Scare Factor: Depending on the logo variant:

  • Standard version: depending on how you feel about Splaat, it can range from low to nightmare. Splaat's face looks like something that came right out of a child's nightmare, the ink splatter is sudden and jarring, and the entire thing has a random and disjointed feel to it. Children will probably gain nightmares from this, though others can find it funny or annoying. Nonetheless, it's one of the most infamous children's logos ever made, and is very popular among and outside the logo community due to its "scary" status.
  • Alternate variant: Medium to nightmare; the added bonus of Splaat smiling can be even more unsettling. The black background and unexpected transition from the credits to the logo doesn't help. It can be decreased to medium for those who expected this (although it would be unlikely expected due to only appearing once and only once).
  • Still variant: None, as it skips Splaat altogether.

3rd Logo (June 13, 2003; October 20, 2008) Edit

Snapshot 113
Klasky Csupo Rooster Remake Logo

Klasky Csupo Rooster Remake Logo

Nicknames: "The Rooster", "Crazy Rooster", "The Collision of Pathé and Klasky-Csupo"

Logo: On a green city skyline, we see a rooster's silhouette on one of the buildings (depending on the movie or show, the rooster will be either in the top-left corner of the screen, or the center). The sun rises, and the rooster wakes up and opens its eyes. It yells "WAAAAAAKE UUUUUUUP!!!" as the blocks in the K-C logo float around. When the rooster is finished screaming, the sun brightens, as the rooster mysteriously disappears, and the K-C logo appears in the center. It looks "grungier" than the one in the past two logos.

FX/SFX: All CGI animation. The animation is much better than the previous logo, but...

Cheesy Factor: The CGI animation for the rooster seems a little tacky, and it is kinda hard to hear the rooster's yelling with the loud music blaring. Not to mention, if you look closely at the rooster's eyes, they seem to be recycled from the 2nd logo.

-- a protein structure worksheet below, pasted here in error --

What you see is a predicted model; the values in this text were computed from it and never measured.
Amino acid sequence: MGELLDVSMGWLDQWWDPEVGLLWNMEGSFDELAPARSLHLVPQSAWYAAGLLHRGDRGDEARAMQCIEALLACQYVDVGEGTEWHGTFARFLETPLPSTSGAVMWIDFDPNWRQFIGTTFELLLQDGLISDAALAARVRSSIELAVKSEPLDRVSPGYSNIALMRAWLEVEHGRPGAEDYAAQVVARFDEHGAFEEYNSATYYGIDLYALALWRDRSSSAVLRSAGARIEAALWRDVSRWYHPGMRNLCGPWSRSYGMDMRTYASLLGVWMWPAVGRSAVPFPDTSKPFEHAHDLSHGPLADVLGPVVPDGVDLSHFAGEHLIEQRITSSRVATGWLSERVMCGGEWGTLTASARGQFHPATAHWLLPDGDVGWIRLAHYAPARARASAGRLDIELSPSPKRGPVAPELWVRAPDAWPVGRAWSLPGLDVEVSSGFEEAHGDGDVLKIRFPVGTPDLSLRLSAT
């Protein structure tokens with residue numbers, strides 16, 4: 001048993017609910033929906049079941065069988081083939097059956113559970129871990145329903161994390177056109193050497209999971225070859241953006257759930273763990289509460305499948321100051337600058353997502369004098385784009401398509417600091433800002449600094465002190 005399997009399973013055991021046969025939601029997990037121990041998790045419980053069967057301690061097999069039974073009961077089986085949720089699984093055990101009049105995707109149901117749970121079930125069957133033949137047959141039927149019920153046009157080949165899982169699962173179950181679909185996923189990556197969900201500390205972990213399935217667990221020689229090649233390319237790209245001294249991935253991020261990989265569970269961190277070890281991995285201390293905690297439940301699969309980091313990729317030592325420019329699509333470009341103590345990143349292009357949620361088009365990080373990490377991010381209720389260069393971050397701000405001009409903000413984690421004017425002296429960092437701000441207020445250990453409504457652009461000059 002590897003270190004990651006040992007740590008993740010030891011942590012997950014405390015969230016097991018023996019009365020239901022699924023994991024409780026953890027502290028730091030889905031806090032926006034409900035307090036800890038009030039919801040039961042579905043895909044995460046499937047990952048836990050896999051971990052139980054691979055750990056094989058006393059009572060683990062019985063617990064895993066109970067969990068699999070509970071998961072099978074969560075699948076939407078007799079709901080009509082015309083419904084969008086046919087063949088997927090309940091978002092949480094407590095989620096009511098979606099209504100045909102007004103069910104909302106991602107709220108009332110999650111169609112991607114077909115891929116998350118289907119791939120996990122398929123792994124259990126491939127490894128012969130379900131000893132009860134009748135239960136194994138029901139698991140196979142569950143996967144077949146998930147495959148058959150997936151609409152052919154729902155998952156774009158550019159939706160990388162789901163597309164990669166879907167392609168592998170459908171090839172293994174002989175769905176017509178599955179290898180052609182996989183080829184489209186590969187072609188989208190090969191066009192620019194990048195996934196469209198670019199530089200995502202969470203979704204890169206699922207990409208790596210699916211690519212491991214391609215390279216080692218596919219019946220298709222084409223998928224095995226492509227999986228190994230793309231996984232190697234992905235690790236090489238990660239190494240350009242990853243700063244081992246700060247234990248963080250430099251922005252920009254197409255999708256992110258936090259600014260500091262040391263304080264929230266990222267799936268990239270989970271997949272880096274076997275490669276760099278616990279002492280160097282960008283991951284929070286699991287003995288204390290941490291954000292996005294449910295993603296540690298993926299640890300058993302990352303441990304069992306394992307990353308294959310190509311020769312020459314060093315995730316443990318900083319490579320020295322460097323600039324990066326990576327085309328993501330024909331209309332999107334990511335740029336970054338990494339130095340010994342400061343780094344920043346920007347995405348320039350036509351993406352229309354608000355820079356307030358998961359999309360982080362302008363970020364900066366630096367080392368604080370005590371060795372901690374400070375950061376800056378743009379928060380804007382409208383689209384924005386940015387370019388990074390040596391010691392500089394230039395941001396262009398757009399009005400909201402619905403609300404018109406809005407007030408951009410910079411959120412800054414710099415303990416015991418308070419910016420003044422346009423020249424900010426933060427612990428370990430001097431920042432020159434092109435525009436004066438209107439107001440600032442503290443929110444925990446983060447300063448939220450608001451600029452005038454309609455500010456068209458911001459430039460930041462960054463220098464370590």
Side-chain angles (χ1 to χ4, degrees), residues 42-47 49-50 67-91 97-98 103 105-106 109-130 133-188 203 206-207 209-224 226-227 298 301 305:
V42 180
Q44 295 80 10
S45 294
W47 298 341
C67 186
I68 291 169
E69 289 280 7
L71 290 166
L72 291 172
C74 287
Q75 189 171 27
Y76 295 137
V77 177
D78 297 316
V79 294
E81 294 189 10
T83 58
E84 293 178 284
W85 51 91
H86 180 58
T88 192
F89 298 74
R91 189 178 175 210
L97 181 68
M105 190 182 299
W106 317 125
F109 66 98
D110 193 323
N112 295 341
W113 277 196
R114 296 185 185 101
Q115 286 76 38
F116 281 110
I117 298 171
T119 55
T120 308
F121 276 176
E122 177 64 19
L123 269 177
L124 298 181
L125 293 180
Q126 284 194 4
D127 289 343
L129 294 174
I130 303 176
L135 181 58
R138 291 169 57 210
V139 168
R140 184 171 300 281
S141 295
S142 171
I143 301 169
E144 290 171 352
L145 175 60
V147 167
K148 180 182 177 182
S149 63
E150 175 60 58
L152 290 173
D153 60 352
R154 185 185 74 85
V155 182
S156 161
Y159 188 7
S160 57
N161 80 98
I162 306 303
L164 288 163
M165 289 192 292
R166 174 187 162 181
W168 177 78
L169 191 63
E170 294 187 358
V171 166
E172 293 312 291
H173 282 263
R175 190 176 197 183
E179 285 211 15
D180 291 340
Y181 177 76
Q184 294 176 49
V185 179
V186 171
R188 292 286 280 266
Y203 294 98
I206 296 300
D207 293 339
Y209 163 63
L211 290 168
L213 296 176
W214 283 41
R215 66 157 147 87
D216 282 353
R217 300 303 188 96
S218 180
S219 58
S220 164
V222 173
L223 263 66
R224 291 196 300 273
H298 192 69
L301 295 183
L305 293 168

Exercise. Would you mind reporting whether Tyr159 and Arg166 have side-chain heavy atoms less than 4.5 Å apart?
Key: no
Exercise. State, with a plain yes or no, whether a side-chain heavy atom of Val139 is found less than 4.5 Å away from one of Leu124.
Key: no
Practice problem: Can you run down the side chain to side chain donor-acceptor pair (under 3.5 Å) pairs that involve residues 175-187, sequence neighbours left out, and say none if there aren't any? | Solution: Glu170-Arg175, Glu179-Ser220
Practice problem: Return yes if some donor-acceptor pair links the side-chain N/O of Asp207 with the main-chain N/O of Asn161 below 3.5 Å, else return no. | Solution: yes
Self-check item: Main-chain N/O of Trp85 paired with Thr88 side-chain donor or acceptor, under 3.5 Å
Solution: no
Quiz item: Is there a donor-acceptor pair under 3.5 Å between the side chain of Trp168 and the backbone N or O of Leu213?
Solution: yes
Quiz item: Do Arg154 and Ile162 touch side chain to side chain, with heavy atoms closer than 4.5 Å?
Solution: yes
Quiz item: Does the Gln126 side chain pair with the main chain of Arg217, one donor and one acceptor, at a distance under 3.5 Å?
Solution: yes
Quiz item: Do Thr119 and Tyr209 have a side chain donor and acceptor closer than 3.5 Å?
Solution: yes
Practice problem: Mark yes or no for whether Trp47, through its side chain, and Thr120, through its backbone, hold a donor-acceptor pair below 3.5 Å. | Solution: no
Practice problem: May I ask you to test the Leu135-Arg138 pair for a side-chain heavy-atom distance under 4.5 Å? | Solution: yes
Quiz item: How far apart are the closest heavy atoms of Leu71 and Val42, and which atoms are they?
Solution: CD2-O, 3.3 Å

Music/Sounds: A techno theme that appears to be yet another remix of the 1991 logo's music. The "Klasky-Csupo" computer vocal from the "SSF" logo is heard at the end.

Availability: Rare. Seen on the 2003 film Rugrats Go Wild and the film Immigrants, which was released on October 20, 2008.

Scare Factor: None to low. The rooster screaming, "WAAAAAAAKE UUUUUUUUUP!!" can startle unexpected viewers, otherwise just plain harmless and an improvement over the previous logo. This is perhaps K-C's best logo by far, even though the first one is more memorable.

(4th Logo) (2016-) Edit

Klasky Csupo New Logo Robosplaat

Klasky Csupo New Logo Robosplaat

Nicknames: "The Face II", "Super Scary Face II", "(The) SSF II", "Splaat II", "Splaat's Return", "Splaat Is Back", "The Return Of The SSF", "Super Cheesy Face"

Logo: On a white background, we see the Klasky Csupo logo in the same grungy font as the previous logo. Suddenly, Splaat comes in from the left side of the screen, and pushes the logo off the screen.

FX/SFX: Splaat pushing the logo.

Cheesy Factor: The animation looks more tacky and cheaper-looking than the 2nd logo, though this is intentional as this is the animation style of what it comes from.

Music/Sounds: The same cartoon sound effects from the end of the 2nd logo, as well as some different sound effects when Splaat appears, such as a bonk sound, and a crash sound.

Availability: It's a special logo created for the web series RoboSplaat. It is unknown if it will be used on the company's other projects.

Scare Factor: Like the 2nd logo, it can range from none to nightmare. The cartoon sound effects may get to some, and Splaat coming in may scare those who were scared of the 2nd logo. Splaat staring at the viewer can be unsettling too. Even if you're scared of Splaat, it's still nice to see him make a comeback.